Your reward will be great and you will be sons of the Most High“, a reward understood as “salary”. What is the salary of a child? Nothing, because everything that belongs to a father also belongs to the son. It is total wealth, not in monthly installments! And what is God like? The first definition that Jesus gives is “benevolent”, literally “usable”. Francis defines him as “Most High, Almighty and Good“. Being usable risks of being abused, how many times we abuse God! How many times we “use it badly”, how many holy wars! And God is usable, precisely, for the ungrateful, for the ungraceful, for those who do not have the grace of gratuitousness.

And how beautiful is the conclusion of this passage! The invitation to be sons of the father, to be inspired by him: “Be merciful, even as your Father is merciful“. The whole Gospel of Luke is a kind of explanation of this sentence. Jesus echoes the command of God present in Leviticus: “Be holy for I am holy“, principle of the law, to be like God. Holy, understood as “different”, separate, inviolable. Man also wants to become like God, let’s think of Adam, Prometheus, the Titans, the atheists. How is God? God is the other, not so much because he is “merciful”, but above all because he is mercy. His holiness is to be mercy. The Greek term oiktirmòs translates the Hebrew rehamîm which indicates the bowels, the womb, giving birth. The essence of the Father is to be a mother, to be a womb. Becoming “pregnant” seems to be the invitation to be generators of life, the cradle in which your children are formed. Love that welcomes, that does not judge, does not condemn, in which it reveals his gratuitousness despite the evil. Let’s think of a mother’s love for her son.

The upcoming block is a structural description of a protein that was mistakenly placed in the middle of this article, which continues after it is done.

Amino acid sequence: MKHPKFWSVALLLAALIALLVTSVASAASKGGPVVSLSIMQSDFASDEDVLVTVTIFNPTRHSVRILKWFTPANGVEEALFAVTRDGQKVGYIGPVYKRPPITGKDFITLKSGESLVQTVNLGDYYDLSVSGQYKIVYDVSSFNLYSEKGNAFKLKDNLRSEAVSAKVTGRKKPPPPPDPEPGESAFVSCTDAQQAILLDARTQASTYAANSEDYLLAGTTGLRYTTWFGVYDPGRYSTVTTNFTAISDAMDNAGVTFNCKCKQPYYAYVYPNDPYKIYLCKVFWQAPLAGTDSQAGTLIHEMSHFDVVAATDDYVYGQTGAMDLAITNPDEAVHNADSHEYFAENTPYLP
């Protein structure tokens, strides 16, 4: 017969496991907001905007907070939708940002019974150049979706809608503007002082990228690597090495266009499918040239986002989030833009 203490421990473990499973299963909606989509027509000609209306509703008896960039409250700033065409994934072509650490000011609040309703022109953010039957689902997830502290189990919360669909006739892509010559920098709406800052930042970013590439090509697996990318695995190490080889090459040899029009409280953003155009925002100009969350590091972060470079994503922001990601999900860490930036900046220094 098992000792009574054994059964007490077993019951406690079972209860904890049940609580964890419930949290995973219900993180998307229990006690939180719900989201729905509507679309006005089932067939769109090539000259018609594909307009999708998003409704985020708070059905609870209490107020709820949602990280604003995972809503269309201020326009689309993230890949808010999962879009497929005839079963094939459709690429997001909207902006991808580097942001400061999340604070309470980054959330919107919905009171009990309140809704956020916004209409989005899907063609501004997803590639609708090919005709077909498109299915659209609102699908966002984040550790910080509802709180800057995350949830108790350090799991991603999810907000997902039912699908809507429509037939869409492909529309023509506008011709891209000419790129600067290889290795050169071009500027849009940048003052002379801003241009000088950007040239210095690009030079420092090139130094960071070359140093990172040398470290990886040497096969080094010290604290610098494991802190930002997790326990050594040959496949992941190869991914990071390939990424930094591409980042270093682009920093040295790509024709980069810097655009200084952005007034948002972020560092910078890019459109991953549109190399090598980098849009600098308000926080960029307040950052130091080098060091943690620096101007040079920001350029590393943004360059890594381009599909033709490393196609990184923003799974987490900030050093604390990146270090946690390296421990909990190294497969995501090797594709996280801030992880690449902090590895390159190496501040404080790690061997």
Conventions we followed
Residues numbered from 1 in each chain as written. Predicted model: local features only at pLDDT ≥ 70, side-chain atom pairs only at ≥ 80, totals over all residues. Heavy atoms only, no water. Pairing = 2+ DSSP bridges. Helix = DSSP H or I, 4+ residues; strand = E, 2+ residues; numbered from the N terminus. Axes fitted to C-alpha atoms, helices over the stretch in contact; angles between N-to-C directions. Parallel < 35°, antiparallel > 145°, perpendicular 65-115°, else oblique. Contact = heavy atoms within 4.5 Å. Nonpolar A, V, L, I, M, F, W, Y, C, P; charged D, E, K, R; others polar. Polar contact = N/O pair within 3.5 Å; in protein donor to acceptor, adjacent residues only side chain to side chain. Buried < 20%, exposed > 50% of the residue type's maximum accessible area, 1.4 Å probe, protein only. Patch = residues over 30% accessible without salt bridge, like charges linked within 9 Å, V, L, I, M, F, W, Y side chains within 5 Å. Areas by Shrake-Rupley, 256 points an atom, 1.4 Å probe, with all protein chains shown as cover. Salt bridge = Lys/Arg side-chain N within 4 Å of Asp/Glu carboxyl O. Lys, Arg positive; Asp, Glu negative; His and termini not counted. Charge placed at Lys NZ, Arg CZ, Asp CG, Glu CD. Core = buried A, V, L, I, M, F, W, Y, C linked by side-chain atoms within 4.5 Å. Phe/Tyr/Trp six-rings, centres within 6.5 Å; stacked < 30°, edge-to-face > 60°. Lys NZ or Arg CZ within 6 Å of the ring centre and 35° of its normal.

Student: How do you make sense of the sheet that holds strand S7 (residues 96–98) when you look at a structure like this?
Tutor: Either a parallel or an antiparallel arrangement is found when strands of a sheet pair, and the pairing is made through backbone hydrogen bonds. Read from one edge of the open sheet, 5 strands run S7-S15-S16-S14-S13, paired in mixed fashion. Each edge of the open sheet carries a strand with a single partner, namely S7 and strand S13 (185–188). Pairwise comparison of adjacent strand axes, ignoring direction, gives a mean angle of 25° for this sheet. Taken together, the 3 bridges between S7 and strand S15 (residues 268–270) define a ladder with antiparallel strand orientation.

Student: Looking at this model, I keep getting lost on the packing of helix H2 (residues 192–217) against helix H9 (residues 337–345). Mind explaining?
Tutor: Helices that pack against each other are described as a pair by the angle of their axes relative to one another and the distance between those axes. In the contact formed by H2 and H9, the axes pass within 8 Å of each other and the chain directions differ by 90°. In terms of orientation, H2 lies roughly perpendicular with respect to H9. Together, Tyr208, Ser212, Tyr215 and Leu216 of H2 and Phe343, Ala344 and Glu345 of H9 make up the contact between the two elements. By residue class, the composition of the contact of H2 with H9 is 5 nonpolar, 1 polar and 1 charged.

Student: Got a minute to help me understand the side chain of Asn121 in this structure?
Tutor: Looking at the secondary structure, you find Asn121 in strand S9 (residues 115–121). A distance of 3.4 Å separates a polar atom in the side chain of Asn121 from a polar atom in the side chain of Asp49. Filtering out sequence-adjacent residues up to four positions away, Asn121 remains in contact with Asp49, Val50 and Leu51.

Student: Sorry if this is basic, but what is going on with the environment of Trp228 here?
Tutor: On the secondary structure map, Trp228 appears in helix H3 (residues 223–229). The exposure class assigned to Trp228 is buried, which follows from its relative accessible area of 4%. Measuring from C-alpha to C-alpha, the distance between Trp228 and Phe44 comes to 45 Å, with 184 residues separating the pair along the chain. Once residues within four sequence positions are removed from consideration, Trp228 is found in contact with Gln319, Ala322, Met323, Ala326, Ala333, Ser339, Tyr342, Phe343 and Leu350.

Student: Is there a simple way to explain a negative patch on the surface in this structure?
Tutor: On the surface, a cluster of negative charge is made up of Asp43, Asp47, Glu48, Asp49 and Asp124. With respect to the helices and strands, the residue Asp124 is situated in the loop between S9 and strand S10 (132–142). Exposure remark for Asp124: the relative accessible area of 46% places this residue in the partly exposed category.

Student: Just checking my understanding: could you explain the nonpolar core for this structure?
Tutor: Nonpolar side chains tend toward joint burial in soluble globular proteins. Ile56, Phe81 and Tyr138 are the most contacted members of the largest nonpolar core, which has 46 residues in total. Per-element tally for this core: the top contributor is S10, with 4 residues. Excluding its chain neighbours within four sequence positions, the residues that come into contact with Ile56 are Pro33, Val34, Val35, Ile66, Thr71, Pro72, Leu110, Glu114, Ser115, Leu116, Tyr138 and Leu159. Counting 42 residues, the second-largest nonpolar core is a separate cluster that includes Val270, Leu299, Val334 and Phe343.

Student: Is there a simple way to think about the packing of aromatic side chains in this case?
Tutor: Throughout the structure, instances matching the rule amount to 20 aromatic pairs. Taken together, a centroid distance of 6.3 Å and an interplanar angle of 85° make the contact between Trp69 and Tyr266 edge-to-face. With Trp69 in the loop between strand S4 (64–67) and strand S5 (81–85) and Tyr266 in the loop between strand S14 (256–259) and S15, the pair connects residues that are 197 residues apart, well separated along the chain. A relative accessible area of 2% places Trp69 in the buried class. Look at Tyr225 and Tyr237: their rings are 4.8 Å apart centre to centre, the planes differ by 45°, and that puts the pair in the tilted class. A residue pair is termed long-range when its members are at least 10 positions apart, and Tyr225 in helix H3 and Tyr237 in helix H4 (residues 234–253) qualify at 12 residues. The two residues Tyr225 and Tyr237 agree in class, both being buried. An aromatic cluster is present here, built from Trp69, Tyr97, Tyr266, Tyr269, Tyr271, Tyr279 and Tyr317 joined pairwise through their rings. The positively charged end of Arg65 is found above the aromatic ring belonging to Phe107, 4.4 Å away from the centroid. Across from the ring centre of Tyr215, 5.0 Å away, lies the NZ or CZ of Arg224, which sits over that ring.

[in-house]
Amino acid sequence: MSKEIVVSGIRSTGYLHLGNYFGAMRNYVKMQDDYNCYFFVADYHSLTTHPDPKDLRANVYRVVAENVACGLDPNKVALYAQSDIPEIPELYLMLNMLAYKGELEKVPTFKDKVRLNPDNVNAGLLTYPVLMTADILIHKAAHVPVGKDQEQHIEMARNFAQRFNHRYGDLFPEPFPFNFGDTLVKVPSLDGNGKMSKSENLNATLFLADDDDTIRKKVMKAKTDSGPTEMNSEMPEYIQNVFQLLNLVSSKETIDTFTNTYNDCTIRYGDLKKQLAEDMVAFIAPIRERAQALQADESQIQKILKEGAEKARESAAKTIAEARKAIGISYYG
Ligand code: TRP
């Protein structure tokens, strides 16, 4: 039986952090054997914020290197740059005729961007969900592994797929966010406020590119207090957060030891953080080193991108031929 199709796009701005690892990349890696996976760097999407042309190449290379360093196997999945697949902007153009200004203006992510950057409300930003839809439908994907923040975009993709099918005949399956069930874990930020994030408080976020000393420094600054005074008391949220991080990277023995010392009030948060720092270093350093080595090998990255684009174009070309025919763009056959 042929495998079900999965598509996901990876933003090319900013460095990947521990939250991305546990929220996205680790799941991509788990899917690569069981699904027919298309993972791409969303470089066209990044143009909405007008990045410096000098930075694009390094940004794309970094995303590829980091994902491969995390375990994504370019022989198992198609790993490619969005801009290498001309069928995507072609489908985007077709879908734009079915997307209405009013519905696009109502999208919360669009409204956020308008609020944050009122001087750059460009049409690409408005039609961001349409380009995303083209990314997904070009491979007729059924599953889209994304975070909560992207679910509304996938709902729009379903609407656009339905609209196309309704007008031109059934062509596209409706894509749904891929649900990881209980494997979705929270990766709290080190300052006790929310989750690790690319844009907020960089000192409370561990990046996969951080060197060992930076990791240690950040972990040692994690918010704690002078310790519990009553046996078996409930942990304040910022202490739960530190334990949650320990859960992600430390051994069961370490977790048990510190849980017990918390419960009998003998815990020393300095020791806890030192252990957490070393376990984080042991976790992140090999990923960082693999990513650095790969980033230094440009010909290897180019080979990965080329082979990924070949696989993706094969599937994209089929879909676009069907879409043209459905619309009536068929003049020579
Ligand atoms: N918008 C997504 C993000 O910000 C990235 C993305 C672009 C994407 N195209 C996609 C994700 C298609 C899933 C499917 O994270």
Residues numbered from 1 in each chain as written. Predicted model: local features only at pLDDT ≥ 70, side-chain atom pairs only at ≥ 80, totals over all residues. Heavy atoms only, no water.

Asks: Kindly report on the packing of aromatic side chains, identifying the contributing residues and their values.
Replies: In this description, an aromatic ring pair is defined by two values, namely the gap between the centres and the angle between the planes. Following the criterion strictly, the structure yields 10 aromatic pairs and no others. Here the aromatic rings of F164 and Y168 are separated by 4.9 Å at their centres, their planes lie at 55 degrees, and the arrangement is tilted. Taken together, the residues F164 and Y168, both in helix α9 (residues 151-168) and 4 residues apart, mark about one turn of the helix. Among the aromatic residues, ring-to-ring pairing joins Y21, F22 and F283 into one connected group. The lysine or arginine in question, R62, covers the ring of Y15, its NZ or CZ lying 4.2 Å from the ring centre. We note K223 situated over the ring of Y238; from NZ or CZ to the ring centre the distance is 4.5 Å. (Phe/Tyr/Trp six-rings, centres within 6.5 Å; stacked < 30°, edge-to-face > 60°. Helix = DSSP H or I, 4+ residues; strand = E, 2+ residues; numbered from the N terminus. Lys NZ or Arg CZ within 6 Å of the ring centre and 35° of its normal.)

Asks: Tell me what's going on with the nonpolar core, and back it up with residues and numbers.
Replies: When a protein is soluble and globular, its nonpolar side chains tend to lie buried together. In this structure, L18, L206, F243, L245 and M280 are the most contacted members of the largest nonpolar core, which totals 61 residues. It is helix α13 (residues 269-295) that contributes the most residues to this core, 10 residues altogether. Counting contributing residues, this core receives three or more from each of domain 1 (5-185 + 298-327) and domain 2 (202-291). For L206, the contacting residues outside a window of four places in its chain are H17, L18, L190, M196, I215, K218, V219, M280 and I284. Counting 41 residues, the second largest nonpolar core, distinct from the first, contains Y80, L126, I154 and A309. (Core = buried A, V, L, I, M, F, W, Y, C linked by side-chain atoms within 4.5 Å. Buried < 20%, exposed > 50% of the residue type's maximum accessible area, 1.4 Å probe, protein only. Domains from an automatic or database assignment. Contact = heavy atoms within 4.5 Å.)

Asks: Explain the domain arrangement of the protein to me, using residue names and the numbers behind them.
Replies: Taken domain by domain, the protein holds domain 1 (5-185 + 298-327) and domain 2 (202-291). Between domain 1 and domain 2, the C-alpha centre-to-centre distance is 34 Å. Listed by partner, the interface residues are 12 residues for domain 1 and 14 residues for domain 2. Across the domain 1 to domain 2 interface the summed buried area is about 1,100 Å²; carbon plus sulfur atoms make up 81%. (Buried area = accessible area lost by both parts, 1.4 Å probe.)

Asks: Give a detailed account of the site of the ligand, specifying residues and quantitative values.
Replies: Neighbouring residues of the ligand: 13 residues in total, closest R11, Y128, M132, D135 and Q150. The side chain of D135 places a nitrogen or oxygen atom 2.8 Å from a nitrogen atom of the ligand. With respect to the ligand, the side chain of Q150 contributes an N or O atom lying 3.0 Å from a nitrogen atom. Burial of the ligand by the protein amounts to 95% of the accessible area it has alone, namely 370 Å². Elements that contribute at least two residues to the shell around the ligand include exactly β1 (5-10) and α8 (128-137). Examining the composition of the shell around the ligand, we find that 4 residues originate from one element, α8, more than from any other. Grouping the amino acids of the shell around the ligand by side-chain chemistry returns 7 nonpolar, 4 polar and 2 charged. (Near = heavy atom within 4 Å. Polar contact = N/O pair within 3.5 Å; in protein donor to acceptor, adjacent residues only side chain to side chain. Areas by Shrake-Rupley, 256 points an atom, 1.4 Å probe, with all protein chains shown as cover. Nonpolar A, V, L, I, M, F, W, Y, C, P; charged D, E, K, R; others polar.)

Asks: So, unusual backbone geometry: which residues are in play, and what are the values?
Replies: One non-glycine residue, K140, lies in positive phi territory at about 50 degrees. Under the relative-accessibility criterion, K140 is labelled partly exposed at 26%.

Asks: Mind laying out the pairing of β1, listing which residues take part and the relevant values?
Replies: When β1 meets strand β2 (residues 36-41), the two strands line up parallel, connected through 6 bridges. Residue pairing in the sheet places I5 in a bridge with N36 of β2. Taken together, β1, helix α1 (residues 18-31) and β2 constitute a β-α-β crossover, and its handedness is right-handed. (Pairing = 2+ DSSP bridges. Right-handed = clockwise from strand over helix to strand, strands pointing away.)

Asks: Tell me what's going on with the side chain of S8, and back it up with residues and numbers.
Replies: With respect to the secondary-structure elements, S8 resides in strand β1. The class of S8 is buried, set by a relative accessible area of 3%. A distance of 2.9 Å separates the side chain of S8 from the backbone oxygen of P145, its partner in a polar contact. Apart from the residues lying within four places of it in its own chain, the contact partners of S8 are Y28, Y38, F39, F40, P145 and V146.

The “perfection of God” is to be “pluriuterine”, to be a generative and welcoming womb. To imagine God, rather than looking for adjectives describing him in part, just think of our mothers, to the immense love they have given us, and God is even more immense. Think of the bag of food that our mothers had given us when we set out on a journey somewhere: here we find the measure: “a good measure, pressed, filled and overflowing, will be poured into your womb”. How much abundance when there is a total love! What a beauty!

It almost seems to see the kingdom of God in our midst, the place where God reigns, as described by St. Francis: “The kingdom come: so that you may reign in us through grace and make us reach your kingdom, where the vision of you is unveiled, the love of you is perfect, the communion of you is blessed, the enjoyment of you endless“(FF 269). Let us always thank the Lord for the gift of mercy and abundance of him today, which shows us the measure of his love for him without measure. Let us pray that we convert to the pure love that everything can in its being free. We sincerely wish you a happy Sunday.

Laudato si’!